Frank Buckles, the last living World War I Doughboy, died early Sunday morning at the age of 110. Born on February 1, 1901 in Bethany, Missouri, Buckles’ life spanned one of the most turbulent, exciting, and eventful times in history. A resident of Charles Town, West Virginia where American Public University System (APUS) is headquartered, Buckles was well-known within the local community as well as nationally.
At the age of 17, only a year after the United States entered World War I, Buckles lied about his age and joined the US Army. Buckles volunteered as an ambulance driver and was sent to France where he found the suffering of the French people disturbing. In a 2001 interview for the Library of Congress’ Veterans History Project, Buckles said, “’The little French children were hungry….To me, that was a pretty sad sight,’” demonstrating his compassion for those living in the midst of the Great War. During his time in France, he also escorted German prisoners of war back to their homeland after the signing of the Armistice.
After the war, Buckles held various positions with shipping and steamship companies and was assigned to locations throughout the world. During World War II, he was working as a civilian in Manila and was captured by the Japanese and held for 39 months in a prisoner of war camp. In the mid-1950s, Buckles settled in Charles Town, West Virginia where he owned and ran a cattle farm. Buckles remained quite active until his death. Aside from maintaining his farm (he continued to drive his tractor until the age of 106), he advocated for a suitable memorial in Washington, DC to commemorate the sacrifices of those with whom he served in World War I.
In March 2008, Buckles visited the nation’s capital and was disturbed by the condition in which he found the World War I memorial. The monument was dedicated in 1931 as a memorial to the 499 residents of the District of Columbia who gave their lives during World War I. At the time of Buckles’ visit, no national memorial was in place for all World War I veterans. Buckles made it his personal mission to change this. After gaining the support of Senators John D. Rockefeller (D-WV), Jim Webb (D-VA), and John Thune (D-SD), Buckles testified before the Senate Energy and Natural Resources Subcommittee on National Parks in December 2009 in support of Senate Bill 2097, the Frank Buckles World War I Memorial Act. The act was passed and work began at a furious rate in hopes of completing the restoration project before Buckles’ death (Buckles was 108 when the bill was passed).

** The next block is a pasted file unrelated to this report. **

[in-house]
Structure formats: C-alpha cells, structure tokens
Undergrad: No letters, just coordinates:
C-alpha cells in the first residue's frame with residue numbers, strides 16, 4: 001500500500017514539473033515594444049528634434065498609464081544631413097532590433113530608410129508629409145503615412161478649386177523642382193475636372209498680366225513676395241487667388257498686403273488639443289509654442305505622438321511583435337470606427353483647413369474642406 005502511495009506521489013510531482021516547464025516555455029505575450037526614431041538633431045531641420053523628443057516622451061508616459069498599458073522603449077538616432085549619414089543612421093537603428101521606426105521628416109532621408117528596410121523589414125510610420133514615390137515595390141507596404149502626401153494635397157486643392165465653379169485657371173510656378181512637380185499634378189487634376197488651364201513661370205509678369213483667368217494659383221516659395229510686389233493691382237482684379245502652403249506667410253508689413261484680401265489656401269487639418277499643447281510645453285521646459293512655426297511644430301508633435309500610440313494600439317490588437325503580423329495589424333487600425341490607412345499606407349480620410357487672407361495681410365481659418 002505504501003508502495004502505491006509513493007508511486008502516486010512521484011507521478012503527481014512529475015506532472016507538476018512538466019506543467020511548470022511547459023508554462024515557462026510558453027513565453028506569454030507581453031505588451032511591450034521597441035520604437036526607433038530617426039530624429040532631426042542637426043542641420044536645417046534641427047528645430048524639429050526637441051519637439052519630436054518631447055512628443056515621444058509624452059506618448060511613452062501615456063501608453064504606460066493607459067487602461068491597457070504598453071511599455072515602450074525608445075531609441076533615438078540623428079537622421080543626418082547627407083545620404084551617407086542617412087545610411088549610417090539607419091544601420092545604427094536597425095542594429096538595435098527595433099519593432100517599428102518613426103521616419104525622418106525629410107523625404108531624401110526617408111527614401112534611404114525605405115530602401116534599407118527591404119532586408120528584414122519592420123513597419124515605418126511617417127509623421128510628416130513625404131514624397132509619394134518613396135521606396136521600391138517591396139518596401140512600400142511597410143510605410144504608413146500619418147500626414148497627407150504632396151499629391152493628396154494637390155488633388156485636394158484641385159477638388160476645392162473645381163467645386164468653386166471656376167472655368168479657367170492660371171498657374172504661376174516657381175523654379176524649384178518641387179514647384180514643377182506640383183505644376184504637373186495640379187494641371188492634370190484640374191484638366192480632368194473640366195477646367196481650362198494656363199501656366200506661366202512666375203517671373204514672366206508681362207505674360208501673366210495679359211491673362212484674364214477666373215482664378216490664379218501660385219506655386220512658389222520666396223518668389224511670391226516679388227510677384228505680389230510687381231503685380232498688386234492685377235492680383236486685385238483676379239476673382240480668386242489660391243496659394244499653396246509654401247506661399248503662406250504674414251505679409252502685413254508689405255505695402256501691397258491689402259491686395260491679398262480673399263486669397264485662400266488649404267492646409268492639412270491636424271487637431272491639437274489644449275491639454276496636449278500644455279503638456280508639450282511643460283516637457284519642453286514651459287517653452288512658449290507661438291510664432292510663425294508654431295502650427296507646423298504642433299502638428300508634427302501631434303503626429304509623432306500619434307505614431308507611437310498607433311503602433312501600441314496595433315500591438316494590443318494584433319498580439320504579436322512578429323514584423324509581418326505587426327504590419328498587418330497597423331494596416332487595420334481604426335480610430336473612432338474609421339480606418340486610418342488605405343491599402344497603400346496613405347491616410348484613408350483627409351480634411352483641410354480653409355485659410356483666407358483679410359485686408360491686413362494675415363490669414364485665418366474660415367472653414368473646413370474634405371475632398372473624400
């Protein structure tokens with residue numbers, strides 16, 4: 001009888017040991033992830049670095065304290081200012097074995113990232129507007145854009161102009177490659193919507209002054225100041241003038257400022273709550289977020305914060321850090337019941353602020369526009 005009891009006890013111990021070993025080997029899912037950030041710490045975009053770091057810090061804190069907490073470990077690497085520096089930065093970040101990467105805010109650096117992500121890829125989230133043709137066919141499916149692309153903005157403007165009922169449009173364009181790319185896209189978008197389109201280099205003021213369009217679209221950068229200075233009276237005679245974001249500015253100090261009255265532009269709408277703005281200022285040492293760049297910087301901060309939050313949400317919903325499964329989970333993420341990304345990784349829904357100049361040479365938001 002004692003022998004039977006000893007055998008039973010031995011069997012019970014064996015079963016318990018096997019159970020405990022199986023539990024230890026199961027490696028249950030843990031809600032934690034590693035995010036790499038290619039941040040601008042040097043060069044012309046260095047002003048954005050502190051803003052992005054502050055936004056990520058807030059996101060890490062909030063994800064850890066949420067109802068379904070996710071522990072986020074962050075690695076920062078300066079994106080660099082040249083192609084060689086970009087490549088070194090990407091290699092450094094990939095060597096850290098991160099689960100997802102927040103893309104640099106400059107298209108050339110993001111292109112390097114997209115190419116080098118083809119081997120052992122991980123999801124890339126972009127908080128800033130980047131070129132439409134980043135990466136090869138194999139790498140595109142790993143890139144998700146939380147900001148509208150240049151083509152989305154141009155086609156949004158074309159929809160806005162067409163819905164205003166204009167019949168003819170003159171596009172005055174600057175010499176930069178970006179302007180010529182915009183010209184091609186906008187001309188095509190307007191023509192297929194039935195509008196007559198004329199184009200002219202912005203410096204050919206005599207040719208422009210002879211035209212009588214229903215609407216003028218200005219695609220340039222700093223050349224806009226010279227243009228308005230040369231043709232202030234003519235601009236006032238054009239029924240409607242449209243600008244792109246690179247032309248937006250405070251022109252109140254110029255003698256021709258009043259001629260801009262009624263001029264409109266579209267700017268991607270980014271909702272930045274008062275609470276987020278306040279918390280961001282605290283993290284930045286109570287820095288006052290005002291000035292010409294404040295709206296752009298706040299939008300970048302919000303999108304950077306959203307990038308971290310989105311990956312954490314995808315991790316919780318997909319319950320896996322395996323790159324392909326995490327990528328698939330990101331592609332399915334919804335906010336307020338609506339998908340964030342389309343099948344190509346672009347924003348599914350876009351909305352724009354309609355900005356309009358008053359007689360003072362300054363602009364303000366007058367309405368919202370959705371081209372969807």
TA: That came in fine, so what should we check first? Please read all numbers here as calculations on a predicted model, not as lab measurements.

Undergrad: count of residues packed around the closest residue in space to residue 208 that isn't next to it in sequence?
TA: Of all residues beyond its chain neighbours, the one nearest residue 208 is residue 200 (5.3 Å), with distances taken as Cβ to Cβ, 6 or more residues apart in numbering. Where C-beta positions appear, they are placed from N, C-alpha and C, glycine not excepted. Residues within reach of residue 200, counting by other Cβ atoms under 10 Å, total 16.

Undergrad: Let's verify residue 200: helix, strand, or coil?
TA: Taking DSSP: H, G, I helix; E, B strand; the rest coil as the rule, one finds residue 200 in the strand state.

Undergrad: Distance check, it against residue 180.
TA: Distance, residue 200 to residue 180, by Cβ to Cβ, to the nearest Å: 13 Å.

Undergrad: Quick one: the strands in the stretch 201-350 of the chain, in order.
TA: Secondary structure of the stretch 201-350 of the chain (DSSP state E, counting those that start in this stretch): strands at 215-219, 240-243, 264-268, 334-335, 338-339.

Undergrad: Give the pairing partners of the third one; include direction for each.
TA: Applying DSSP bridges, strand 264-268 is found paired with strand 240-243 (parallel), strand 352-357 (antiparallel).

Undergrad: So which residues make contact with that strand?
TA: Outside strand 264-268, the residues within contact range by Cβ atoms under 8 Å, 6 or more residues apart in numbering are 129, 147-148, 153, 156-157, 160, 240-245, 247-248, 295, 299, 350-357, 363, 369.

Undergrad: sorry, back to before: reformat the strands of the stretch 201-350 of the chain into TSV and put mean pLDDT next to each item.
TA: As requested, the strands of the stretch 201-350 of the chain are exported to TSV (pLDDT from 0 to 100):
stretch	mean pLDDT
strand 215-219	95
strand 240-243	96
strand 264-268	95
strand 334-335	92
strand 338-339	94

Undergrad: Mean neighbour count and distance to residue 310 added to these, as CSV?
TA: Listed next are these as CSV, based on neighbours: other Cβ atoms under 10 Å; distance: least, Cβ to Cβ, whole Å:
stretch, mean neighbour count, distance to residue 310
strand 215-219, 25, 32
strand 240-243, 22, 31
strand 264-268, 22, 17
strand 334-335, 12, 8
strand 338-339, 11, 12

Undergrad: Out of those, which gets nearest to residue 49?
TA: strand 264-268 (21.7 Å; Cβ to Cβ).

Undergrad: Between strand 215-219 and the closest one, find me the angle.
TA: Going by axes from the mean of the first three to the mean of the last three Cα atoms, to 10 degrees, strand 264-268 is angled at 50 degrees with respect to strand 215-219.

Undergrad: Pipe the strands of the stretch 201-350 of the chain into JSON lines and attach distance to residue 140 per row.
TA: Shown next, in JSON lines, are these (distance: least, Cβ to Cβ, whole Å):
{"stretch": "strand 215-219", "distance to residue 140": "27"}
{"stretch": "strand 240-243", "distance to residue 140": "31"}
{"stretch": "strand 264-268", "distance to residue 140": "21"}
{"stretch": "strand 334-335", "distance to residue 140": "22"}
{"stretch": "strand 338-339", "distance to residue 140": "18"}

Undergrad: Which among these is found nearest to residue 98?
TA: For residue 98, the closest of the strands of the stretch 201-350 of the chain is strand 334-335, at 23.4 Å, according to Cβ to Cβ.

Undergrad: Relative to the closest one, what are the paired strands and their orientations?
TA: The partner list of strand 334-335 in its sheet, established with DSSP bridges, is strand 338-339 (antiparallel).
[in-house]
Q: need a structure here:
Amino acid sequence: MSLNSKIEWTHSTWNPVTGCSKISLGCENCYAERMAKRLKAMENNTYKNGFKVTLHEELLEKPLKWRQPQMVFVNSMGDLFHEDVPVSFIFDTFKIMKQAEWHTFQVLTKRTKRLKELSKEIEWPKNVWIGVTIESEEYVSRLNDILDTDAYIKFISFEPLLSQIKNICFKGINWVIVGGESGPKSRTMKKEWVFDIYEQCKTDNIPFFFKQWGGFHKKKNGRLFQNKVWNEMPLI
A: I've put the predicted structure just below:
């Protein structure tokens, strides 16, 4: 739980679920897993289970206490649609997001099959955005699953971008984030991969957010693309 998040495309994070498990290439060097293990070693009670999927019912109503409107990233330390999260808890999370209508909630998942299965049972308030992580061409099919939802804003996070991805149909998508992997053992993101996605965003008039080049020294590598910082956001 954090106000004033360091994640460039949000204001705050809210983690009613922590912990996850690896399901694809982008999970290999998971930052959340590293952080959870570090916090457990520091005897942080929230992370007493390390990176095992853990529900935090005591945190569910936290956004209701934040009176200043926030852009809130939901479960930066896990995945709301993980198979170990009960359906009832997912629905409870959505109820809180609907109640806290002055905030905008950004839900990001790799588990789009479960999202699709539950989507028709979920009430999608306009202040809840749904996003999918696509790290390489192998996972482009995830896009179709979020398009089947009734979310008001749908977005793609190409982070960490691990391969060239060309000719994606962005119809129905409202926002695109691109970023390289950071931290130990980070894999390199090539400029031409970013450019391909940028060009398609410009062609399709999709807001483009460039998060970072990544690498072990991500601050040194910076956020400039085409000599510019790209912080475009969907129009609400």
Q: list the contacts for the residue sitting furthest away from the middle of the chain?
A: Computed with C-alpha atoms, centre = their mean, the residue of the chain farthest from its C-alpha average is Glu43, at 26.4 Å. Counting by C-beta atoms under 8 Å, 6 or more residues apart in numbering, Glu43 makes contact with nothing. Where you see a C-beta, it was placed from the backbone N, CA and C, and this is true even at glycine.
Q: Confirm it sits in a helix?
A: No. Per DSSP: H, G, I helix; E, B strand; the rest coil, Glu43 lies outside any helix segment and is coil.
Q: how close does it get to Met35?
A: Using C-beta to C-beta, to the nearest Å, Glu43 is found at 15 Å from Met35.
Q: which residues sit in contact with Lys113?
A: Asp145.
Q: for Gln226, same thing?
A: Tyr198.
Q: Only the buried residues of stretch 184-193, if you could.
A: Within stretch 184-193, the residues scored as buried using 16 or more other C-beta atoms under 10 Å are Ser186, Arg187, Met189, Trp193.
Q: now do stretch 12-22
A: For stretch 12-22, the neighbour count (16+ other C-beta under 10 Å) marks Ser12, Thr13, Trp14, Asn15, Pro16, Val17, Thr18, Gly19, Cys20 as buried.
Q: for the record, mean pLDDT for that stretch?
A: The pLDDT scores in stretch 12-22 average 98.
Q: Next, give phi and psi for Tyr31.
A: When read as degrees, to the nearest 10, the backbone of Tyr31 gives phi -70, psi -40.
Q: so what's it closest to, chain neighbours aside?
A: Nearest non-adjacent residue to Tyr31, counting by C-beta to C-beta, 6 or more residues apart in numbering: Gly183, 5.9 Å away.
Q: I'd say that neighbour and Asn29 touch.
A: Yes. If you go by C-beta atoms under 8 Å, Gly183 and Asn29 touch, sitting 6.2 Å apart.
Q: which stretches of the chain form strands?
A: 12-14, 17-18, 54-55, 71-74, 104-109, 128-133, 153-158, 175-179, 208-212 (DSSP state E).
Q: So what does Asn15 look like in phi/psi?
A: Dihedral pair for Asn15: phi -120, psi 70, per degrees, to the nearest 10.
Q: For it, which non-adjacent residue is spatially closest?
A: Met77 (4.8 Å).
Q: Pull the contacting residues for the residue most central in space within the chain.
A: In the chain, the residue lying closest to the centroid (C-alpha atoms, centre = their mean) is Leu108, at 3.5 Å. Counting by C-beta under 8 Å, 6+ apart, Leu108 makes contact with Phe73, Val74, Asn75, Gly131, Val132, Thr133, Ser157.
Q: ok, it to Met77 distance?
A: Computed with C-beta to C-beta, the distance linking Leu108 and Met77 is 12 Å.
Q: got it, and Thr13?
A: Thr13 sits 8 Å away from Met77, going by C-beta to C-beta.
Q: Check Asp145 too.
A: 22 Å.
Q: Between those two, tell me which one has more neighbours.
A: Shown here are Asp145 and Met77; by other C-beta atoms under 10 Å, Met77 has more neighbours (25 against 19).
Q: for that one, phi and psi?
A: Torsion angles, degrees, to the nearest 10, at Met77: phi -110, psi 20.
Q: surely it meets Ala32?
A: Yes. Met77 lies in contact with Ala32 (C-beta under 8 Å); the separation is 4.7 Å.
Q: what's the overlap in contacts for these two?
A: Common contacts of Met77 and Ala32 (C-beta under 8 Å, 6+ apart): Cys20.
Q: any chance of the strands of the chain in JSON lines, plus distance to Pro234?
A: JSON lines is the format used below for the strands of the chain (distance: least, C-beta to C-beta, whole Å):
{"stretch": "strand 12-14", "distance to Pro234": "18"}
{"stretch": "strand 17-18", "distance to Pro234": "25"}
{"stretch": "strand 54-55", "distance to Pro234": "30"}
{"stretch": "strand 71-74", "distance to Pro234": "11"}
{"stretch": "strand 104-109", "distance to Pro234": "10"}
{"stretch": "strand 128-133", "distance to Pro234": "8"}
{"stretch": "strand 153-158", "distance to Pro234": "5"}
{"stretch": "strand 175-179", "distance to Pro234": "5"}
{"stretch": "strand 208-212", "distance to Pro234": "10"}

Though the restoration continues and Buckles will not be able to see the product of his work to memorialize the efforts of World War I veterans, his efforts will not soon be forgotten by the descendents of those who served in The Great War. Frank Buckles lived a long and remarkable life. Even as he approached 100 years old, he continued to make public appearances in an attempt to keep the memory of those who sacrificed everything during World War I alive in the minds of a generation who may otherwise never have a firsthand account of that time. To read about Frank Buckles’ life in his own words, visit his website. Frank Buckles was a humble man, typical of many who risked their lives or sacrificed their lives to enhance our freedoms. We will try to do our part to follow his initiatives to recognize the veterans of World War I.